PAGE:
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Christian Leaders’ Unprecedented Appeal on Climate Change. By Pope Francis, Archbishop of Canterbury Justin Welby and Patriarch of Constantinople Bartholomew

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“Whatever your faith or vision of the world may be, let’s hear the cry of the Earth,” three religious Christian leaders wrote in a joint appeal on climate change. Pope Francis, the Anglican Archbishop of Canterbury Justin Welby and the Ecumenical Patriarch of Constantinople Bartholomew in an unprecedented document assessed that there had been a “critical moment” and this was an opportunity to “repent and take a decisive step back.”

An unprecedented joint appeal to defend the climate was made by three religious Christian leaders – Pope Francis, Anglican Archbishop of Canterbury Justin Welby and Ecumenical Patriarch of Constantinople Bartholomew – ahead of the UN Climate Change Conference COP26 in November in Glasgow.

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“Regardless of faith and vision of the world, let us hear the cry of the Earth,” they called in the first such message in history, published on Tuesday in the Vatican.

Pope FrancisPAP / EPA / VATICAN MEDIA HANDOUT

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Appeal of Christian leaders. “Tomorrow could be even worse”

Religious leaders called on everyone to contribute to “choosing life” for the sake of the planet and to pray for world leaders ahead of a conference in Scotland, which also includes the pope’s election.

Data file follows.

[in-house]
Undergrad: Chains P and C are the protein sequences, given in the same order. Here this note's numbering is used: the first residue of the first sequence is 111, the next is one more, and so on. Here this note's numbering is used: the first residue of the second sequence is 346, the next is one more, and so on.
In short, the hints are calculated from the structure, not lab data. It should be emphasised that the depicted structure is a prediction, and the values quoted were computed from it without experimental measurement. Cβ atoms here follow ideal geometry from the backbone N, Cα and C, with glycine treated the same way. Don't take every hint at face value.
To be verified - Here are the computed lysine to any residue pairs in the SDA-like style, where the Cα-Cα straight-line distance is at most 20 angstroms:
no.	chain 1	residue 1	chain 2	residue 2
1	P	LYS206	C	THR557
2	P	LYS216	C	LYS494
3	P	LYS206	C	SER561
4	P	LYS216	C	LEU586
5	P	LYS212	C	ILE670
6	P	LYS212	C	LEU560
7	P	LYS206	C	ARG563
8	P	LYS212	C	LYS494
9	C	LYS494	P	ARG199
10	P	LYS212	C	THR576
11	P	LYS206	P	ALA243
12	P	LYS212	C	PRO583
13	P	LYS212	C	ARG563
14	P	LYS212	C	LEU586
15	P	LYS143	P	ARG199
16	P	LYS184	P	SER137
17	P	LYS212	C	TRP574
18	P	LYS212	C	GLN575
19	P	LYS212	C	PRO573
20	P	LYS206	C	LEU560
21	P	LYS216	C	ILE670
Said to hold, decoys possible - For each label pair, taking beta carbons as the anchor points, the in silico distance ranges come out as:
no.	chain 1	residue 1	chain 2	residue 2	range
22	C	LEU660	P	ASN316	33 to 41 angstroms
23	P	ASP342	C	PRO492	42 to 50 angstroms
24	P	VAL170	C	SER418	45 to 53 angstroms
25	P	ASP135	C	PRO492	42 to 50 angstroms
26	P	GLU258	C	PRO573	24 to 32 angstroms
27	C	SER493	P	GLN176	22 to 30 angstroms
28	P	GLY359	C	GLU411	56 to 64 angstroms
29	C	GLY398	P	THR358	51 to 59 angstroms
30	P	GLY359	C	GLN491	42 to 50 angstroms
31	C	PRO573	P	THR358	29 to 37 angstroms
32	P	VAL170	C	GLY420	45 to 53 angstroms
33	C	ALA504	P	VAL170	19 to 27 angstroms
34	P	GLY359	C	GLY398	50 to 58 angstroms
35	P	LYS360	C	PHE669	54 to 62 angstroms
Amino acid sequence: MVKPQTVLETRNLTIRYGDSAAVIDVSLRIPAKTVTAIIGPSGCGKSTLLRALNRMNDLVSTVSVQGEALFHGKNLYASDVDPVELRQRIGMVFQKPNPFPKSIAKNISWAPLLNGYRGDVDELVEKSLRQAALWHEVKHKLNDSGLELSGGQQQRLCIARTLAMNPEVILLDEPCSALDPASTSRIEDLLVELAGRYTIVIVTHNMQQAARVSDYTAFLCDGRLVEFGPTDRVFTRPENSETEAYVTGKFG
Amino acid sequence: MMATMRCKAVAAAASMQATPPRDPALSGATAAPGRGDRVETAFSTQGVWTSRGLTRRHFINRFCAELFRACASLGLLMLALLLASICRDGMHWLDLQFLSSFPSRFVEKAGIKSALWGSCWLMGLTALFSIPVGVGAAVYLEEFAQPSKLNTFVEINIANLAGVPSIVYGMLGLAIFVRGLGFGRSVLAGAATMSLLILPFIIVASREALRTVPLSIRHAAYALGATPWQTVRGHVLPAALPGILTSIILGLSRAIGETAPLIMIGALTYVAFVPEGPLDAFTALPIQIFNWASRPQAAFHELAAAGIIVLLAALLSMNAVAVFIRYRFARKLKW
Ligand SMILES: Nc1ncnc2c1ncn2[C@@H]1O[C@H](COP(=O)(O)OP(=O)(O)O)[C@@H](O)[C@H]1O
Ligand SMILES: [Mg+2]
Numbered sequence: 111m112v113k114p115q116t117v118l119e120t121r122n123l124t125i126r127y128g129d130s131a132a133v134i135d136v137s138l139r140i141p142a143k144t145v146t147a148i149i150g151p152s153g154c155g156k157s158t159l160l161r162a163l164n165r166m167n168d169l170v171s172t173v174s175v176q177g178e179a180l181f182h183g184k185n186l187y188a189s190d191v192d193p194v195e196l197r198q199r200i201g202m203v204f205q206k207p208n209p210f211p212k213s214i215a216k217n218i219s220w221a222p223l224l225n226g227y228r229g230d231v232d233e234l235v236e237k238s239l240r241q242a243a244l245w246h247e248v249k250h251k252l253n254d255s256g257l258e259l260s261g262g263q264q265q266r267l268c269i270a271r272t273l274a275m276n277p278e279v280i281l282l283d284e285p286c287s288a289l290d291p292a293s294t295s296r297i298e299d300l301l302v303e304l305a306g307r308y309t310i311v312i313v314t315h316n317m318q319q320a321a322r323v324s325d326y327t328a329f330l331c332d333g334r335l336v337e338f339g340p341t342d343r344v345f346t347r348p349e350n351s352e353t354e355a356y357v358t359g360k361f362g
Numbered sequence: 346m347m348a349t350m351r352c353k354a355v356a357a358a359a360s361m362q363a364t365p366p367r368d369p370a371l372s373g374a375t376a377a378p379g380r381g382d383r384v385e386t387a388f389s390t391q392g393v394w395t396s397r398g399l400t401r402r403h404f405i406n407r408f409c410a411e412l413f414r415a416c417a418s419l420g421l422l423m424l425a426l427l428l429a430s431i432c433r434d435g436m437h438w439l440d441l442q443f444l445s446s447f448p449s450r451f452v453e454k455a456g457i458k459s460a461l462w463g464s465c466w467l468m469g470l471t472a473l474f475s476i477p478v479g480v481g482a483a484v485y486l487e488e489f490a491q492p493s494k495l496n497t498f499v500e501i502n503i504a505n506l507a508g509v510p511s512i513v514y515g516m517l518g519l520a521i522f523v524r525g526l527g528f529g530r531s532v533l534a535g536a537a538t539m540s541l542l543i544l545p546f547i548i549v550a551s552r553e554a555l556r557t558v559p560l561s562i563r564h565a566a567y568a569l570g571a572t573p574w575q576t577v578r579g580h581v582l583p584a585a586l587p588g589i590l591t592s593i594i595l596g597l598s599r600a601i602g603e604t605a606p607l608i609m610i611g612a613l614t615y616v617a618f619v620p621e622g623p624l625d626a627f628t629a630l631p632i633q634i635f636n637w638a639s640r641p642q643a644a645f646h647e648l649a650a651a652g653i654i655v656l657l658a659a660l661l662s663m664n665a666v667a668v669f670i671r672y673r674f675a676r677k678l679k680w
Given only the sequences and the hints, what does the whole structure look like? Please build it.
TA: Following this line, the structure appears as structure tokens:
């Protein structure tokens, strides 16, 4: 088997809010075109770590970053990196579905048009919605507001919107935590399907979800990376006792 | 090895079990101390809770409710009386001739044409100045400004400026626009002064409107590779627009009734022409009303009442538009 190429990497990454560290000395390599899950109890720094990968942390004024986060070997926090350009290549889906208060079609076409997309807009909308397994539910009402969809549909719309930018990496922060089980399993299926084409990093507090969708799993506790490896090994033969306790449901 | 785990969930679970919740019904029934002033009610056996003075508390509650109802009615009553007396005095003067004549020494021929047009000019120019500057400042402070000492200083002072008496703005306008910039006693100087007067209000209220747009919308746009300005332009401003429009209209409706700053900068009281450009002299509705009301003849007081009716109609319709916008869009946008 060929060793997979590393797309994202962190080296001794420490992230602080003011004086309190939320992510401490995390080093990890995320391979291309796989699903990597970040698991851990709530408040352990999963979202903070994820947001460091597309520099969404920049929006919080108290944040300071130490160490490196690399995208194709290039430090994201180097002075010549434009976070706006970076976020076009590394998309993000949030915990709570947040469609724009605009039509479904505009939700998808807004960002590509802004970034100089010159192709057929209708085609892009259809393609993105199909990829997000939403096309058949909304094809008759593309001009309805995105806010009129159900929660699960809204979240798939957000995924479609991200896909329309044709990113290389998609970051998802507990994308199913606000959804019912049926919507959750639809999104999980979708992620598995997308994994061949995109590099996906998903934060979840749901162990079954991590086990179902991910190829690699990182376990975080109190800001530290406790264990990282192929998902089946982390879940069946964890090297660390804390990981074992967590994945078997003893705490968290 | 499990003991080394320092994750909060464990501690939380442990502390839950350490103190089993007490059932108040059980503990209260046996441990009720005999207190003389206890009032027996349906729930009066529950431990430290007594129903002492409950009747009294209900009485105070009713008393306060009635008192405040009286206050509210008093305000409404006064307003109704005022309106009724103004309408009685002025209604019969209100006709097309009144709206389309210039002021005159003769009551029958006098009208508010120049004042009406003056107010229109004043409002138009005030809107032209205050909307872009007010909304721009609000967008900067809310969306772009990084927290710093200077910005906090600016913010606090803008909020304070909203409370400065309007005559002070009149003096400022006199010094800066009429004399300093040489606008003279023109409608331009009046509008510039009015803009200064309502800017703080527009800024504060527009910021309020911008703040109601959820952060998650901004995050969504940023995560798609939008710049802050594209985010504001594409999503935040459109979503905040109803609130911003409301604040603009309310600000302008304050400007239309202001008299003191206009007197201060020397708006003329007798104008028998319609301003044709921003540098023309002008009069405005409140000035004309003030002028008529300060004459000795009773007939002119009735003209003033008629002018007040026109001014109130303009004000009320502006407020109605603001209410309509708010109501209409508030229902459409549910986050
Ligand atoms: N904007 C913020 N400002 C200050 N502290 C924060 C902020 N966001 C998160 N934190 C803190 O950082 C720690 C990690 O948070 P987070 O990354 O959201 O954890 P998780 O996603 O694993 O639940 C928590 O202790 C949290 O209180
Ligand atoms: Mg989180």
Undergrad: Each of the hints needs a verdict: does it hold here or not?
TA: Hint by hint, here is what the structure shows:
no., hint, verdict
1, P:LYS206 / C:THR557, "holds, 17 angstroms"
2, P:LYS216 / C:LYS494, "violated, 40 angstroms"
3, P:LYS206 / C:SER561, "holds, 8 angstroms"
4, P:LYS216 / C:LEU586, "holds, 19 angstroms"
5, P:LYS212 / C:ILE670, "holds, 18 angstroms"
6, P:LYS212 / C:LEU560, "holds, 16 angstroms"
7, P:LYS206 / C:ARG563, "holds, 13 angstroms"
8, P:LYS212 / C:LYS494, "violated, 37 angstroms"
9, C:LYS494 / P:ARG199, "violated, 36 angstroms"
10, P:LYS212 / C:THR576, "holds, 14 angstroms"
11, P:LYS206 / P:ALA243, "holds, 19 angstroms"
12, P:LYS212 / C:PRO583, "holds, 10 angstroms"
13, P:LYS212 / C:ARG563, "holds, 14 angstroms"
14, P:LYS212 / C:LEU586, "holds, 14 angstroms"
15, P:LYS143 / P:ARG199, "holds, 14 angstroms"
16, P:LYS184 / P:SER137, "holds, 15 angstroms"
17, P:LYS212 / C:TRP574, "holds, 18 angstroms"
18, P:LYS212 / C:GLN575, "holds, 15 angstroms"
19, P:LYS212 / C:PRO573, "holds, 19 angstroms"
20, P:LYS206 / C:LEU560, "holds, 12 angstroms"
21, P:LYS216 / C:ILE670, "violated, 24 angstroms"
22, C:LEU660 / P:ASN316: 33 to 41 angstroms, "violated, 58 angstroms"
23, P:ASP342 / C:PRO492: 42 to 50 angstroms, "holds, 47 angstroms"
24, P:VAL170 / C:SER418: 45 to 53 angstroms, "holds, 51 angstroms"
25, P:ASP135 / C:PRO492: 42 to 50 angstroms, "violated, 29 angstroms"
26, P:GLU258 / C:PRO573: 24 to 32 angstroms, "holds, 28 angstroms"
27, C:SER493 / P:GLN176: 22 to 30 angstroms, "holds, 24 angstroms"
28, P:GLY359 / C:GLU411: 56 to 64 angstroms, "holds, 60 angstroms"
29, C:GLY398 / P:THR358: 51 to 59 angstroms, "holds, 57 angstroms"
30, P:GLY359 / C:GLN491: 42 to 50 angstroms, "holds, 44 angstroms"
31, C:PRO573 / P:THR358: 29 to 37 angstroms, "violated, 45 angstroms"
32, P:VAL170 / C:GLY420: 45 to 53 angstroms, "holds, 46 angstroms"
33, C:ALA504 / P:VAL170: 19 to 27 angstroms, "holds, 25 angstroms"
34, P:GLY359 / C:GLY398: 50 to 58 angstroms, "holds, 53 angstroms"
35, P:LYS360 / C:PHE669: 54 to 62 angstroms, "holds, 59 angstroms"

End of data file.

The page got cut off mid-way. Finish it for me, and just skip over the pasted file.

Ecumenical Patriarch of Constantinople BartholomewOnur Coban / Anadolu / Abaca / PAP

Writing about the destruction of the natural environment and climate change, Franciszek, Archbishop Welby and Bartłomiej stated that “today we are paying the price, tomorrow may be even worse”. “This is a critical moment. The future of our children and our common home depends on it,” they said. In their opinion, there is an opportunity to “repent and take a decisive step back.”

They pointed out that biodiversity loss, environmental destruction and climate change are “the inevitable consequences of our actions because we have greedily used up more of the Earth’s resources than the planet can handle.” But – as they added – “we are also faced with profound injustice.” “The people who experience the most catastrophic consequences of these abuses are the poor of the planet, who are less responsible for causing them,” he added.

Archbishop of Canterbury Justin WelbyYui Mok / Avalon / Photoshot / PAP

Main photo source: PAP / EPA / VATICAN MEDIA HANDOUT



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